In injection moulding, the robot can perform the following tasks:

Material Transfer Application


Loading and Unloading of Machines

The dangerousness and monotony of the loading and unloading operations of machines such as presses, stamping machines, ovens, or the possibility of using the same robot to transfer a part through different processing machines have led many companies having introduced robots in their workshops.

Loading or unloading operations are material handling operations in which the robot used to serve a production machine by transferring parts to/from the devices.

There are three cases within this category of application:

Machine Loading / Unloading: The robot loads a rough workpiece into the process and unloads an over the piece. An example of this case is a machining operation.

Machine Loading:  The robot must load the raw workpiece to the machines’ materials, but the piece is extracted through another means. In a pressing operation, the robot can program load sheet metal into the press, but the finished parts fall out of the press by gravity.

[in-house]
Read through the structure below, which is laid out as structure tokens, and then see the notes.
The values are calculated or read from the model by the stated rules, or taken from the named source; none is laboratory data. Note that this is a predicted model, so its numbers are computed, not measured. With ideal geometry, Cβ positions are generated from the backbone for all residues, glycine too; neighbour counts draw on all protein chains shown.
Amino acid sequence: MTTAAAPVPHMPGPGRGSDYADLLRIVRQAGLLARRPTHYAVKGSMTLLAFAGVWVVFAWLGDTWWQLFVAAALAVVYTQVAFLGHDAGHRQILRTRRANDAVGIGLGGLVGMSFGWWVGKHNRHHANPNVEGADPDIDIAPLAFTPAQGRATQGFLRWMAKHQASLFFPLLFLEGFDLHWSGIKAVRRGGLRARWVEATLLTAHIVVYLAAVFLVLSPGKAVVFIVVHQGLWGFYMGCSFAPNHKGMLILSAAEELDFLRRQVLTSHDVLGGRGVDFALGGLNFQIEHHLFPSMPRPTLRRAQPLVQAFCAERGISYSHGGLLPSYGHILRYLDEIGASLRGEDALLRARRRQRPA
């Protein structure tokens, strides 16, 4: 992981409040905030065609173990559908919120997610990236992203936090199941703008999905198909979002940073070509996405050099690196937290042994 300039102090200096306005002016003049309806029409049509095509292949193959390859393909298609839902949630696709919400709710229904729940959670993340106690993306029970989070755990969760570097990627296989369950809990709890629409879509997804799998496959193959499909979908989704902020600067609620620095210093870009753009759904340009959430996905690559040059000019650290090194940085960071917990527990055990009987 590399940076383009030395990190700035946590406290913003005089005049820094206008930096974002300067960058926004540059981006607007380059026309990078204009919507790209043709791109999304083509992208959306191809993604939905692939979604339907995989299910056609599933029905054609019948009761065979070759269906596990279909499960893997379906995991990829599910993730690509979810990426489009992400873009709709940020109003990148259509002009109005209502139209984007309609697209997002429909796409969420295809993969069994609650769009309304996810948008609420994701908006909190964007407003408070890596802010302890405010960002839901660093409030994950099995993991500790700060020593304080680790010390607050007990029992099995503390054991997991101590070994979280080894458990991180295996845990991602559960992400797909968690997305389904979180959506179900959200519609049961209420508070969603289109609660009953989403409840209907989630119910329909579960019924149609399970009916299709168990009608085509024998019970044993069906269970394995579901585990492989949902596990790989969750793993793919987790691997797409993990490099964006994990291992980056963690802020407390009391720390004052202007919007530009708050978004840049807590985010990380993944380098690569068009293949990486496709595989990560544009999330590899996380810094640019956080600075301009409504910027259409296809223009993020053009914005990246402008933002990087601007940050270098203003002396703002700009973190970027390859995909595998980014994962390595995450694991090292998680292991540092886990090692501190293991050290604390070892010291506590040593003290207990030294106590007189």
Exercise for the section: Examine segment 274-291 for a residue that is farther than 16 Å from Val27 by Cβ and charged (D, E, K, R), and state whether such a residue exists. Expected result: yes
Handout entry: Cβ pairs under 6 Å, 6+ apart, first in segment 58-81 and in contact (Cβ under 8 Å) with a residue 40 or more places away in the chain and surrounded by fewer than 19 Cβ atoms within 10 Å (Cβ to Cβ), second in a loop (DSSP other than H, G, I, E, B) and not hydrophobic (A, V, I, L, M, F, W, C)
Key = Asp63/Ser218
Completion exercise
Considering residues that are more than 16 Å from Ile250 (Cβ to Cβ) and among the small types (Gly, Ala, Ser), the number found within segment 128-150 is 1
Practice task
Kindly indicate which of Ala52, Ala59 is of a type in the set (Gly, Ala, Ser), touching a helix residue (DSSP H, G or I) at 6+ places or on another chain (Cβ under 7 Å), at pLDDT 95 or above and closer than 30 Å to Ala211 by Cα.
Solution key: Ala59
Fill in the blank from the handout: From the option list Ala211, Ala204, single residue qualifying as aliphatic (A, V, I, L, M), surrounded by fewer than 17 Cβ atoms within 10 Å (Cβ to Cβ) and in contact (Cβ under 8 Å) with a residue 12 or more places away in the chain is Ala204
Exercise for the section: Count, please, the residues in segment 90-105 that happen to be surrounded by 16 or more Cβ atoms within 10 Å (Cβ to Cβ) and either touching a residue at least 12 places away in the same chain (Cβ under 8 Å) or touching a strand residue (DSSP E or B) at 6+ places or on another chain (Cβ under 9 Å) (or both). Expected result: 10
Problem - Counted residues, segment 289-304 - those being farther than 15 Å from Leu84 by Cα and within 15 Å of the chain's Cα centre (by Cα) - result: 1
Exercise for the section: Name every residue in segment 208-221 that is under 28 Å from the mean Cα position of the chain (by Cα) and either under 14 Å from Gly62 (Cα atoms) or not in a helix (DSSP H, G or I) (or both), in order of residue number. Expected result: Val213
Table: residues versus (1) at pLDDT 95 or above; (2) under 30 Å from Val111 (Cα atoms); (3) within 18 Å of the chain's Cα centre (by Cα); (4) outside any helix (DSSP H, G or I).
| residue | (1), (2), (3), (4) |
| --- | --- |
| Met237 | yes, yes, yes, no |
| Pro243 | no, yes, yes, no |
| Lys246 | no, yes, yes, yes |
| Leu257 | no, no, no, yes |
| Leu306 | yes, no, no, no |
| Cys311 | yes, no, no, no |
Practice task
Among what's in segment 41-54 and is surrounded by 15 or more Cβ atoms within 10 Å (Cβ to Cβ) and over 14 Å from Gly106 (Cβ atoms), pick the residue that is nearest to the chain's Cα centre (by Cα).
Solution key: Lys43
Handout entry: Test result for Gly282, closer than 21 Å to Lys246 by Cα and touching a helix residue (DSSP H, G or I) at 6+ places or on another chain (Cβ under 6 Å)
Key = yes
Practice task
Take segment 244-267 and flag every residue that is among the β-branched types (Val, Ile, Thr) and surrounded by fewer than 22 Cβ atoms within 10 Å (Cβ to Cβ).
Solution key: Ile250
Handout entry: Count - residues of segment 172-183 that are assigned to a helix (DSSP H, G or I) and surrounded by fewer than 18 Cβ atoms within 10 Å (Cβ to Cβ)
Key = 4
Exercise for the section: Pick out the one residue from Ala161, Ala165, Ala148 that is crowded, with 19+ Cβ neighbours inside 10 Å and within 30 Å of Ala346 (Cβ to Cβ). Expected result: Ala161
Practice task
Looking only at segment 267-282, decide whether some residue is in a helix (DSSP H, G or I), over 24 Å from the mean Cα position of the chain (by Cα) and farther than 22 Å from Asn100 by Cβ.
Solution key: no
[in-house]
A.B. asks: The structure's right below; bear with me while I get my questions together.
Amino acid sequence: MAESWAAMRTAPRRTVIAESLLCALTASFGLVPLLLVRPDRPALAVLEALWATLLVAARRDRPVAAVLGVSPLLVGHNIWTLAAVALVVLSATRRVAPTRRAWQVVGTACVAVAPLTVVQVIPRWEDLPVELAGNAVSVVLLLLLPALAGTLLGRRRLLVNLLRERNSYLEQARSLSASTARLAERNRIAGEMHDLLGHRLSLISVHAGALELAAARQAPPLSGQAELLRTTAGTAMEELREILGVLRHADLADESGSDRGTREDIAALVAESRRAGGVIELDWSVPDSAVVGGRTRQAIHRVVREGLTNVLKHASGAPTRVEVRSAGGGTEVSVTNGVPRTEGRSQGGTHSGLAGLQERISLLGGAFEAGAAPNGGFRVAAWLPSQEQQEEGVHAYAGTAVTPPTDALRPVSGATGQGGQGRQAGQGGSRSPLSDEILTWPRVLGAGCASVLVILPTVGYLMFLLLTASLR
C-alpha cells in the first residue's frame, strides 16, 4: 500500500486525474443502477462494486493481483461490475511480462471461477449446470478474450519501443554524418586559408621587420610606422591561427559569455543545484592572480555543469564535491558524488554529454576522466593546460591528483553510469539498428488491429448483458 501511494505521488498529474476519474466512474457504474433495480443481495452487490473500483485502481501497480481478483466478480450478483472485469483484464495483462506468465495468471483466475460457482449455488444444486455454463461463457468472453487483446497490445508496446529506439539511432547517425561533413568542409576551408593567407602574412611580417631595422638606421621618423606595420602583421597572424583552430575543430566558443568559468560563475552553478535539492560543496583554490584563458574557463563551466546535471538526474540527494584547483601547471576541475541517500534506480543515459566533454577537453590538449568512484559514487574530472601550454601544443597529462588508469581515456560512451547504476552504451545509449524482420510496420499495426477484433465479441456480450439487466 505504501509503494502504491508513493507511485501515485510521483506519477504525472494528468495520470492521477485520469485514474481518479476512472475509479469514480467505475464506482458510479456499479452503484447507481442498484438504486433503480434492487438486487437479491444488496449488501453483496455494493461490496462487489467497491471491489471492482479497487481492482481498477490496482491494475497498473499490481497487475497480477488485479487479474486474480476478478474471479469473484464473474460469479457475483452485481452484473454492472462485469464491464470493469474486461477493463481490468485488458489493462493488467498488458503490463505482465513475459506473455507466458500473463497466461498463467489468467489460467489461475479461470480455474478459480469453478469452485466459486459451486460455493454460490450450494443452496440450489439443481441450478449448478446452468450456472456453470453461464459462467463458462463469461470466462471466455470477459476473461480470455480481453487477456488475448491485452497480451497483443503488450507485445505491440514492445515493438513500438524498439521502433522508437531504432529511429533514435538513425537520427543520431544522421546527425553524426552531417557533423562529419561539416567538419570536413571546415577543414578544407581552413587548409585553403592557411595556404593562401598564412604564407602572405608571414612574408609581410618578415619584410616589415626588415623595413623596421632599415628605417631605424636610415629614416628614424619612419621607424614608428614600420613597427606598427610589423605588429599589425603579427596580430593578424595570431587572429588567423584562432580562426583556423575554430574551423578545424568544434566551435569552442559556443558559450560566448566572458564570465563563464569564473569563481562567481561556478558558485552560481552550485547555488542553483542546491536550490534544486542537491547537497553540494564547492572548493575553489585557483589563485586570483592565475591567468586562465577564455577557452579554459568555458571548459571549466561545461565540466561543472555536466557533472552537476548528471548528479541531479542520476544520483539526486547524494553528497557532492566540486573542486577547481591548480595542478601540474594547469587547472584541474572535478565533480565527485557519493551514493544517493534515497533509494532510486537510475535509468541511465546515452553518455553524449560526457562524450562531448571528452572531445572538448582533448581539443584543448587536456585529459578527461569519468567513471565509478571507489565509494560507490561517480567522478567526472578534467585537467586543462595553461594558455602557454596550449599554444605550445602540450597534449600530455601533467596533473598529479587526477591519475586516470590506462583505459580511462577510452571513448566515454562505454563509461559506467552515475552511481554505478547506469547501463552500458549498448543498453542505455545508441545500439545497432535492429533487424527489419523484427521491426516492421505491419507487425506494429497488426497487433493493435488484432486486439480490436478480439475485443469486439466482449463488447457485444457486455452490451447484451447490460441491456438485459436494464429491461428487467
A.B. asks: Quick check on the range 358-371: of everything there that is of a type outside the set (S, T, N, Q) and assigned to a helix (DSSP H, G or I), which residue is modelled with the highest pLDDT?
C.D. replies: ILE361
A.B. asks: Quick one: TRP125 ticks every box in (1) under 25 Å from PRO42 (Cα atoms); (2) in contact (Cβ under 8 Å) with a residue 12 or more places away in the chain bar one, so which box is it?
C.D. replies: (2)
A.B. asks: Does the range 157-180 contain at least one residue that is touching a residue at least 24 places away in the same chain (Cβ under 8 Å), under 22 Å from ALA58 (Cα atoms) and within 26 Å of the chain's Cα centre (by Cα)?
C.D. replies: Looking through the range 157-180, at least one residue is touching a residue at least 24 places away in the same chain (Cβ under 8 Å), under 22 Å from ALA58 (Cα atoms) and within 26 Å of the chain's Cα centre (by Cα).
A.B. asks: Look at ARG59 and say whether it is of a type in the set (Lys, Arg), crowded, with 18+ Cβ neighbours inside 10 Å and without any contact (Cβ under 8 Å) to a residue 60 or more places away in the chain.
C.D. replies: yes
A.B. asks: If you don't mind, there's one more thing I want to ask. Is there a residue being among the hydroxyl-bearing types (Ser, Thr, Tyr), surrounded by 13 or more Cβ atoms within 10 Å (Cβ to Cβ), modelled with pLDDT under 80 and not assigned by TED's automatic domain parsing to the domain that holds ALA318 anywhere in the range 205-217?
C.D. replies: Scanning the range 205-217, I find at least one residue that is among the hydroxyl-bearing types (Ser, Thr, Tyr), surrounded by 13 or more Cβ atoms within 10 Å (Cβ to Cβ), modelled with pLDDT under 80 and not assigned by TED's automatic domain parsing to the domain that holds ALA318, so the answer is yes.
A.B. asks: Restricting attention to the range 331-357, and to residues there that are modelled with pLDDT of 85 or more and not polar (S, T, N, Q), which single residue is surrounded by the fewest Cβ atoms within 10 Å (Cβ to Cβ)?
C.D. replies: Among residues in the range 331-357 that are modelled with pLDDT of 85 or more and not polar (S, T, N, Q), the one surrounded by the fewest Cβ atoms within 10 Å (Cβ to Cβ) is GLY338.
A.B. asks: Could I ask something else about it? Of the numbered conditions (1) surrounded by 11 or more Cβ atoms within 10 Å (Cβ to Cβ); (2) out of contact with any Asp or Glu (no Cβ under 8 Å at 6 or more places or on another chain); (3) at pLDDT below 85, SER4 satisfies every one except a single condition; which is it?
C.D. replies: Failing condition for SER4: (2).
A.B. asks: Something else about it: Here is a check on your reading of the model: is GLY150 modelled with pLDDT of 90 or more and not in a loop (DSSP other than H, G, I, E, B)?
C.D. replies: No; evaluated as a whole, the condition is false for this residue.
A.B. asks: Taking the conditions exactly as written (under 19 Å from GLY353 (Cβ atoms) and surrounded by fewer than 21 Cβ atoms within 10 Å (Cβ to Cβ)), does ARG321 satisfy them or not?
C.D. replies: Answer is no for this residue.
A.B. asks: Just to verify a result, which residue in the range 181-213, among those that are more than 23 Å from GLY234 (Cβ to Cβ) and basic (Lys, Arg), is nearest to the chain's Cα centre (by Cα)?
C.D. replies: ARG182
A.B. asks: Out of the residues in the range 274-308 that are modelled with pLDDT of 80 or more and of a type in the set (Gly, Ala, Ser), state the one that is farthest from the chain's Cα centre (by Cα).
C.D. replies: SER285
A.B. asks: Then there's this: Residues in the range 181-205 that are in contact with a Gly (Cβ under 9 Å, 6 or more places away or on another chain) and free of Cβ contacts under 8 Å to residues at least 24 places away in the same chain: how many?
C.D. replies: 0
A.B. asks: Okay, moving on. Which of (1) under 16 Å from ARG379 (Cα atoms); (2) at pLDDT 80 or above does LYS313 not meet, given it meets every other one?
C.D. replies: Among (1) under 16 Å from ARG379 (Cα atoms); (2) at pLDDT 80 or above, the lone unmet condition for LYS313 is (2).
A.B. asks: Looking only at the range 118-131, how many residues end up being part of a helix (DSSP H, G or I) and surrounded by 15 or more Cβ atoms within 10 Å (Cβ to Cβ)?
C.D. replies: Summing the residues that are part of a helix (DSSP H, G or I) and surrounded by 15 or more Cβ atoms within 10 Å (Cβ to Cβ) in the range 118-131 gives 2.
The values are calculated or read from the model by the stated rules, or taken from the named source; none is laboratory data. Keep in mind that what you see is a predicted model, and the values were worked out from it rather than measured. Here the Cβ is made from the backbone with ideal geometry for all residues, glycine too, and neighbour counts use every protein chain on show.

Machine Unloading: The machine produces finished parts from raw materials that load directly into the device without robots’ aid. The robot unloads the domain from the device. Examples of this include die casting and plastic moulding applications.

Processing Operations

In addition to part handling applications, there are many applications in which robots perform work directly on parts. This job generally requires the end effector of the robot to be a tool rather than a gripper.

Within this range of applications, the following stand out:

Spot Welding: This is a procedure in which two metal pieces weld in localized spots by passing a large electrical current through the welding works.

Continuous Arc Welding: Arc welding is an ongoing welding process instead of spot welding, which could be considered a discontinuous function. Continuous arc welding is used to get long joints or large welded joints in which a tight seal is often required between the two pieces of metal to be joined. The process uses a metal rod or wire-shaped electrode to deliver a high electrical current of 100 to 300 amps.